It seems the great distillery renaissance that is sweeping Scotland and England is also sweeping across the whole of Ireland. That is good news, as Ireland saw its whiskey industry decimated nearly a century ago by a string of cruel circumstances.
Maybe I’m mistaken but we seem to have lost our ability to laugh about alcohol and its funny consequences. In bygone years, the village drunkard was a standard character in countless plays. Arguably, there are more jokes about drink than about sex. Music hall, radio and TV comedy sketches often portrayed the hazards of too much drink, especially whisky, but they made people laugh, they didn’t wag a censorious finger or make moral judgements.
Several times I’ve mentioned two globally best-selling whiskies which we hardly ever see, or have even heard of, in Britain. These are Label 5 (currently Number 9 in worldwide sales) and William Peel (Number 6).
For all that monasteries and convents are rare today, for centuries they were powerful institutions that played an important role in society. Monks were among the few people who could read and write in an era of near-total illiteracy. They also developed agricultural and scientific ideas and took them to other countries.
Distilling seems to be THE growth industry in these islands. This stems from growing global demand for spirits and to UK legal changes that encouraged the start-up of small, independent distilleries for the first time in two centuries. The new distillery list is formidable, with others being mooted and planned every month.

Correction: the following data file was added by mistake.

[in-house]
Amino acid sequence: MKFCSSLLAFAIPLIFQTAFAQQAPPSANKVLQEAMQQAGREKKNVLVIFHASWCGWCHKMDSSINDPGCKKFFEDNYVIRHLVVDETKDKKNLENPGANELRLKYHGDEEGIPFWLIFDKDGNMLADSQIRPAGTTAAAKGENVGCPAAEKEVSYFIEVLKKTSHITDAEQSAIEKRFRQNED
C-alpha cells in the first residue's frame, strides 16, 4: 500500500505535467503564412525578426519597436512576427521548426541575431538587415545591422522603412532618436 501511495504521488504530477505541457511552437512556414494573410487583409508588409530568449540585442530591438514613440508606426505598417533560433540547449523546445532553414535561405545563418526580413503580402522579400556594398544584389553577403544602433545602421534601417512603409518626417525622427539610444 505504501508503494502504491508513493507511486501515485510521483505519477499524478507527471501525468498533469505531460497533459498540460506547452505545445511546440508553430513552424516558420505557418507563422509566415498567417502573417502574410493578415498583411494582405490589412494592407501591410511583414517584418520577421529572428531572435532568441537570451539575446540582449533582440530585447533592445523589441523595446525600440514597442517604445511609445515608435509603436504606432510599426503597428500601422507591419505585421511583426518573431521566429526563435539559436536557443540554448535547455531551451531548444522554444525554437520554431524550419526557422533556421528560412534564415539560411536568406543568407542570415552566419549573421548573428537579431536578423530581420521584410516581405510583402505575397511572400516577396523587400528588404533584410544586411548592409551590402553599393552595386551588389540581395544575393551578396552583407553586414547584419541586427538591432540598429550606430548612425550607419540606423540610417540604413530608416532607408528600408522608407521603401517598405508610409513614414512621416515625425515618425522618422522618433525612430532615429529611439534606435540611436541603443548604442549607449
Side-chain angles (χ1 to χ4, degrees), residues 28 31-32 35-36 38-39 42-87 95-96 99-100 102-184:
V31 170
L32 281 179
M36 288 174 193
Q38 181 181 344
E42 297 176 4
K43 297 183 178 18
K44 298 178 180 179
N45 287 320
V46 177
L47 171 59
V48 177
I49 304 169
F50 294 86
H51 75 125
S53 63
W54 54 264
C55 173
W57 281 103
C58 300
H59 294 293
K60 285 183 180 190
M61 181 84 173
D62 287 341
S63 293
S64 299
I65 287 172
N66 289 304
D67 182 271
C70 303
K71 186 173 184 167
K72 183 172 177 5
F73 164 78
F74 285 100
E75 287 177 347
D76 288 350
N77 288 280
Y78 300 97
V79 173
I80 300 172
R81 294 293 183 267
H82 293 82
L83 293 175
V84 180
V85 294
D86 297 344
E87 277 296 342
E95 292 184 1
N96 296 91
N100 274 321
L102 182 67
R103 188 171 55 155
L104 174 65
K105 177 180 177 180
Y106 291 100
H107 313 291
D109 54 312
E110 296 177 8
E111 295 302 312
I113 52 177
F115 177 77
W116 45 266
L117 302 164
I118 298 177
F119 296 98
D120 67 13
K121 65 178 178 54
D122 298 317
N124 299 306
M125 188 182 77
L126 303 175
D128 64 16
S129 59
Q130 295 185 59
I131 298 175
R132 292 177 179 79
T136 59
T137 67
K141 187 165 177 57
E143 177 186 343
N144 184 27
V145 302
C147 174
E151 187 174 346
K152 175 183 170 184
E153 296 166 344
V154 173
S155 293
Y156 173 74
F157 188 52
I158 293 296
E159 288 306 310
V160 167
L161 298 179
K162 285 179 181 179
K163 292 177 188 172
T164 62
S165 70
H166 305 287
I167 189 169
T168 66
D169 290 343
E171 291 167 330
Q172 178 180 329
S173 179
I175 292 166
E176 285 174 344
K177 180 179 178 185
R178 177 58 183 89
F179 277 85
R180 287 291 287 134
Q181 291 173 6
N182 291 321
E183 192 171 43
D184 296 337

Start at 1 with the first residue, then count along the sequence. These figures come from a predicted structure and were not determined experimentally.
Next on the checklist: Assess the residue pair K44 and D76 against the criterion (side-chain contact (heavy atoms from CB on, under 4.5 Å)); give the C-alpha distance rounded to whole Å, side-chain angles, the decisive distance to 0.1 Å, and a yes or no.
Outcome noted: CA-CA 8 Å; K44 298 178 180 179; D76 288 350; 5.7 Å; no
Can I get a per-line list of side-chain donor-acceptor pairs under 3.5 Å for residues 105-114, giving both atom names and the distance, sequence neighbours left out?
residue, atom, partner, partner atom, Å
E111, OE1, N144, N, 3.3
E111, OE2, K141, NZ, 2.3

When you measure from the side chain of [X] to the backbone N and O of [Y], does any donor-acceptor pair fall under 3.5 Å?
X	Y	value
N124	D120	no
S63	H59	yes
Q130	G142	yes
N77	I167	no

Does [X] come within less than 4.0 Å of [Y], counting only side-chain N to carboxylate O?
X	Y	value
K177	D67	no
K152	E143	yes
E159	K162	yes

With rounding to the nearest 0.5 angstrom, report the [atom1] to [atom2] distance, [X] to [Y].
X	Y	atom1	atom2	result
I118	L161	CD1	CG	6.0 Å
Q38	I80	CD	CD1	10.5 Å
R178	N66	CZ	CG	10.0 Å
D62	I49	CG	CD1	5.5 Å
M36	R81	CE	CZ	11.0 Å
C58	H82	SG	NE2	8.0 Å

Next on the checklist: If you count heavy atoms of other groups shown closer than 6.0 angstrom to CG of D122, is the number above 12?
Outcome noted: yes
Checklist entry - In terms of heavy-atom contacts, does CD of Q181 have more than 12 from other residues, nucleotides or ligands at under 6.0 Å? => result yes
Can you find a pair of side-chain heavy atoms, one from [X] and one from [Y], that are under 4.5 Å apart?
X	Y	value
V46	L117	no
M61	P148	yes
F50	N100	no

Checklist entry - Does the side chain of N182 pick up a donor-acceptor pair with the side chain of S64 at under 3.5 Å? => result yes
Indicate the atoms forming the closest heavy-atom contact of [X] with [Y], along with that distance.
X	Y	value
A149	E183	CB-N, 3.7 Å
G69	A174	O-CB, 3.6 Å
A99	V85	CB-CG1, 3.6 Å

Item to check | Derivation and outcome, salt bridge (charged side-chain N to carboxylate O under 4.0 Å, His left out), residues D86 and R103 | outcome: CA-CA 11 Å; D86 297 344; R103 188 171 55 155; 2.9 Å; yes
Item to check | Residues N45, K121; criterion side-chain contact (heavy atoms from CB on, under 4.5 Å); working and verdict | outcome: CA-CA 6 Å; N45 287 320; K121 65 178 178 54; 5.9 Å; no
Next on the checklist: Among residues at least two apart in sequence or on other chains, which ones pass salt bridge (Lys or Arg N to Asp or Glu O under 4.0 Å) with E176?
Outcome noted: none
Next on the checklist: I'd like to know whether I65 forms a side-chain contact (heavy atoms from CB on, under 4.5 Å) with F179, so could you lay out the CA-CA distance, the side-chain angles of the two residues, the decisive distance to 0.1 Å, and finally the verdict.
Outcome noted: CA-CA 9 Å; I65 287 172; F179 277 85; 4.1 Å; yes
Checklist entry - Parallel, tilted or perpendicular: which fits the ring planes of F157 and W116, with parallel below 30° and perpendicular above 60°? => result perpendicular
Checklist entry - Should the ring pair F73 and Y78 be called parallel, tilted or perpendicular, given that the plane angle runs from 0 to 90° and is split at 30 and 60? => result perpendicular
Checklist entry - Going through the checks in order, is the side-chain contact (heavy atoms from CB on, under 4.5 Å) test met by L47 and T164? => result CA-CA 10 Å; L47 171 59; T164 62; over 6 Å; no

I don’t know whether people in the whisky industry are incurable optimists, but it has surprised me how very few industry spokespeople have commented critically on the possible effects of Brexit.
We know that alcohol and homo sapiens have been best buddies for thousands of years. However, it is still much debated: Is it the greatest social drug ever discovered? Or the bane of mankind?
New whisky distilleries are not just a Scottish phenomenon, they are springing up in England, too, even in London. So far there are six south of the Border, and all are keen to make their mark.
It is impossible to downplay the importance of the United States for the Scotch whisky industry. The Americans have long had a passion for Scotch and they are still our biggest export market by value (they like good malts and the best blends), although France is the biggest by volume.
One of the recent big developments in the global drinks market is how producers want to create a “total range portfolio” – of wines, beers and spirits, with one or more good named brands for every spirit: whisky, gin, rum, vodka, brandy and others.